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Am J Health Behav. 2019 Jan 1;43(1):37-49. doi: 10.5993/AJHB.43.1.4.

Characterizing Alcohol Use Behaviors among Homeless Men and Women.

Author information

1
Graduate Student, University of Houston, Department of Psychological, Health, & Learning Sciences, Houston, TX.
2
Research Assistant, University of Houston, Department of Psychological, Health, & Learning Sciences, Houston, TX.
3
Associate Professor, University of Houston, Department of Psychological, Health, & Learning Sciences, Houston, TX;, Email: lrreitzel@uh.edu.
4
Assistant Professor, University of Houston HEALTH Research Institute, Houston, TX.
5
Associate Professor, University of Oklahoma Health Sciences Center, Oklahoma Tobacco Research Center, Oklahoma City, OK.
6
Professor, University of Houston, Department of Psychological, Health, & Learning Sciences, Houston, TX.
7
Research Data Coordinator, MD Anderson Cancer Center, Department of Behavioral Sciences, Houston, TX.

Abstract

Objectives: In this study, we characterized alcohol use behaviors by sex among sheltered homeless adults and explored associations with health and readiness to change drinking behaviors. Methods: Participants (N = 581; 63.7% men; Mage = 43.6, 29.4% white) self-reported alcohol use and readiness to change drinking behaviors. Sex differences were analyzed via Wilcoxon ranksum, chi-square tests, logistic regression, and ANCOVAs. Results: Overall, 38.5% of the sample met criteria for current at-risk drinking, 39.7% self-reported a history of alcohol problems, and 22.9% reported having a formal alcohol use disorder (AUD) diagnosis. Among current alcohol users, 83.8% reported at-risk drinking. Men had more drinks per drinking day, more drinks per week, and more drinking days per week when compared to women. No sex differences were found for at-risk drinking, self-reported alcohol problems, probable alcohol abuse/dependence, AUD diagnosis, readiness to change drinking, or recent alcohol/substance abuse counseling. Conclusions: High rates of at-risk drinking were found among alcohol users. Homeless men and women did not exhibit differences in several manifestations of problematic alcohol use. Alcohol use interventions might be equally appealing to both sexes given equivalent readiness to change drinking; however, rates of recent treatment receipt were low.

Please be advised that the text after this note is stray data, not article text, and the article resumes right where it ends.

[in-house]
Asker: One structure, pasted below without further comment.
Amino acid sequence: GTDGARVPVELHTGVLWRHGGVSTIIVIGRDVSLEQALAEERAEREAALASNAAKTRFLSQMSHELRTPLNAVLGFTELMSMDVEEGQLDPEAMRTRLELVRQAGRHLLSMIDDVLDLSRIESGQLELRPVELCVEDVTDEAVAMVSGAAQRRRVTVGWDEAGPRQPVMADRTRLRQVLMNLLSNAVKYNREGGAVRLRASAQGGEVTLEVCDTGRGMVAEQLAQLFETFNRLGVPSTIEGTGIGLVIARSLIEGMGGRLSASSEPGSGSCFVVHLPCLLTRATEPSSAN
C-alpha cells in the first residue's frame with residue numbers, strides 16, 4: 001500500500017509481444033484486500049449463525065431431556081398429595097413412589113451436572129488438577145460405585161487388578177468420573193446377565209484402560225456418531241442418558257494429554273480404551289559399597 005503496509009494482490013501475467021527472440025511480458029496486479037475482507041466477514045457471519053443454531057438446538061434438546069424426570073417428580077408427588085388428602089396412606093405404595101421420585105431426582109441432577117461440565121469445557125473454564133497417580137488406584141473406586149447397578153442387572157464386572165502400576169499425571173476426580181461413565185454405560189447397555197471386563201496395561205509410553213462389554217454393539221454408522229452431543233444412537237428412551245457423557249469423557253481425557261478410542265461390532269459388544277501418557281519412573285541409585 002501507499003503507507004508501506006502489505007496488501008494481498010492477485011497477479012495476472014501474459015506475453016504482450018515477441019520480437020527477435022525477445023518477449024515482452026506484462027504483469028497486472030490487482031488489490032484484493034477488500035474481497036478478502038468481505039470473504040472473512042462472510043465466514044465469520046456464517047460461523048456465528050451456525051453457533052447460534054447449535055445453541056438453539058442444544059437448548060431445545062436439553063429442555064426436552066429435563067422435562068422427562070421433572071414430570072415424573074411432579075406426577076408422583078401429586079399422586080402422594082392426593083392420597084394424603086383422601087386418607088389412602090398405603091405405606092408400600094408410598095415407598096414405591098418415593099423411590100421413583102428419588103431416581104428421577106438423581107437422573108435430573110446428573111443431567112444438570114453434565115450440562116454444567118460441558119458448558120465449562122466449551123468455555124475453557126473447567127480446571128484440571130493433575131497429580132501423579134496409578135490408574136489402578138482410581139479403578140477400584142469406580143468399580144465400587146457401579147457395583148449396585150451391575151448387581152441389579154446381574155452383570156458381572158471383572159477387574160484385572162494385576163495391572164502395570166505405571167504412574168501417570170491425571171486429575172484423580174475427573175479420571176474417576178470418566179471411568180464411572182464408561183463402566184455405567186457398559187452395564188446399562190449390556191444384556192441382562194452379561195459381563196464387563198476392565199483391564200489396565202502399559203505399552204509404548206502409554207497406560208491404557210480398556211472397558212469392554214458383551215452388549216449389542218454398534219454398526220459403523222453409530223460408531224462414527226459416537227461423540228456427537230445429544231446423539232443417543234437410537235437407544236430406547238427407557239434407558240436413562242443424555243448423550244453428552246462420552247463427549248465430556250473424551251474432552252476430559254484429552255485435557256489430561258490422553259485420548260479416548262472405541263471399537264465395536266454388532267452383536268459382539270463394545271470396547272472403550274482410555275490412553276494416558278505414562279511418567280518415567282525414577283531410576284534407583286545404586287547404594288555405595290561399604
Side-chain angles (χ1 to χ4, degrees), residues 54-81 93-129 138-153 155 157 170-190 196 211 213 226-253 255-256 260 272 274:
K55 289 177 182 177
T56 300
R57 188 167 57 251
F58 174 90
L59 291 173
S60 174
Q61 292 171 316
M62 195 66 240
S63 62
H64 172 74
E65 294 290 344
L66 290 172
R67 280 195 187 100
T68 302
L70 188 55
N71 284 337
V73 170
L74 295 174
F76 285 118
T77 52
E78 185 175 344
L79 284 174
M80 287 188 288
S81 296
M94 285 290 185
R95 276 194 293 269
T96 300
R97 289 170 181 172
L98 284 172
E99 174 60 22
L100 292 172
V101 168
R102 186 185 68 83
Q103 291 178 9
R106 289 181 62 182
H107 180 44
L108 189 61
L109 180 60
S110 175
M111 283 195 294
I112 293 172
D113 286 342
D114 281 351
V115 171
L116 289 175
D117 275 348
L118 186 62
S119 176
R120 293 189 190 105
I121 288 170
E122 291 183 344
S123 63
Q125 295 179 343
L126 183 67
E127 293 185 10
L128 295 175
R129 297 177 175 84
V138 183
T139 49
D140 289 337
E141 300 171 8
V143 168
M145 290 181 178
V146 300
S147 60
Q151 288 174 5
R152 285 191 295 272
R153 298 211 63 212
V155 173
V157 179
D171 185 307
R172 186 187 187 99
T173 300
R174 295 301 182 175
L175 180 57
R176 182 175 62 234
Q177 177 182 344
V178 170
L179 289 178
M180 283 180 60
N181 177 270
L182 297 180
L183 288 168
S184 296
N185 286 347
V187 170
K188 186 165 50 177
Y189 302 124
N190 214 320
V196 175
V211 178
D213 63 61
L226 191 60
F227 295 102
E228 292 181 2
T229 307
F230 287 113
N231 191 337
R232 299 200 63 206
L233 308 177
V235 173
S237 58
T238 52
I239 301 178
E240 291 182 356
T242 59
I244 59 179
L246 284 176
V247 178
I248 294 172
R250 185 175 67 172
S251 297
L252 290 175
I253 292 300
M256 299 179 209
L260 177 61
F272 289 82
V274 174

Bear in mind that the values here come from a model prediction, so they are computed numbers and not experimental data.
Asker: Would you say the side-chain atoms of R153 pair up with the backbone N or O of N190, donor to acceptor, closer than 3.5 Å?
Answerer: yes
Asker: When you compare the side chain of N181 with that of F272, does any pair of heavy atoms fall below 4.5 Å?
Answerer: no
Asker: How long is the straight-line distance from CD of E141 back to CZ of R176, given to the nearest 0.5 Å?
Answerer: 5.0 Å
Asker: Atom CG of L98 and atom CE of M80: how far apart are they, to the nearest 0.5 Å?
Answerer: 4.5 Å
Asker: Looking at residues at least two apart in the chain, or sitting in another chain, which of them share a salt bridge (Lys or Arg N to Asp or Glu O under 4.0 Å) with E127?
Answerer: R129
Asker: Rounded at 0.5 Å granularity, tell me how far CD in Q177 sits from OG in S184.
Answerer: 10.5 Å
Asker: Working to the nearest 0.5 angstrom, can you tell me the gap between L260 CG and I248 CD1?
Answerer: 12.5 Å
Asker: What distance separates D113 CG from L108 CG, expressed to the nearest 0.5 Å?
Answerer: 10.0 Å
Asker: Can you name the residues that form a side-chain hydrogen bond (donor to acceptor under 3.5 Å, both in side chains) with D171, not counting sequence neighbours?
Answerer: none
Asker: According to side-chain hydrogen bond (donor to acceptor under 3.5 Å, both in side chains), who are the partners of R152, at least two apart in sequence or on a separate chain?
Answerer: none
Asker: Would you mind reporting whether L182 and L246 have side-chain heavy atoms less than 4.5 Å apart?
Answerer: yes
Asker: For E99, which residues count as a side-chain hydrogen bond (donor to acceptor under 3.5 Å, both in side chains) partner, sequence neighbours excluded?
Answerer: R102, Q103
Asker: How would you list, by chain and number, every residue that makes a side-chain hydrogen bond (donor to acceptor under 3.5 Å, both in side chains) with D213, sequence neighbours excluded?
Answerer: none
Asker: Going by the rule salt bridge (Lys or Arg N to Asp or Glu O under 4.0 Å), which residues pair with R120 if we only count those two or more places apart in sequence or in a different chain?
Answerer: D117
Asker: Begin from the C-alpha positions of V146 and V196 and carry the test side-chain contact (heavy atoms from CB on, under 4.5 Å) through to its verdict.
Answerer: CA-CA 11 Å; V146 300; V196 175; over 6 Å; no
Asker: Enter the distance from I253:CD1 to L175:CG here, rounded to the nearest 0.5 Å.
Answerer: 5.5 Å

PMID:
30522565
PMCID:
PMC6296245
[Available on 2020-01-01]
DOI:
10.5993/AJHB.43.1.4

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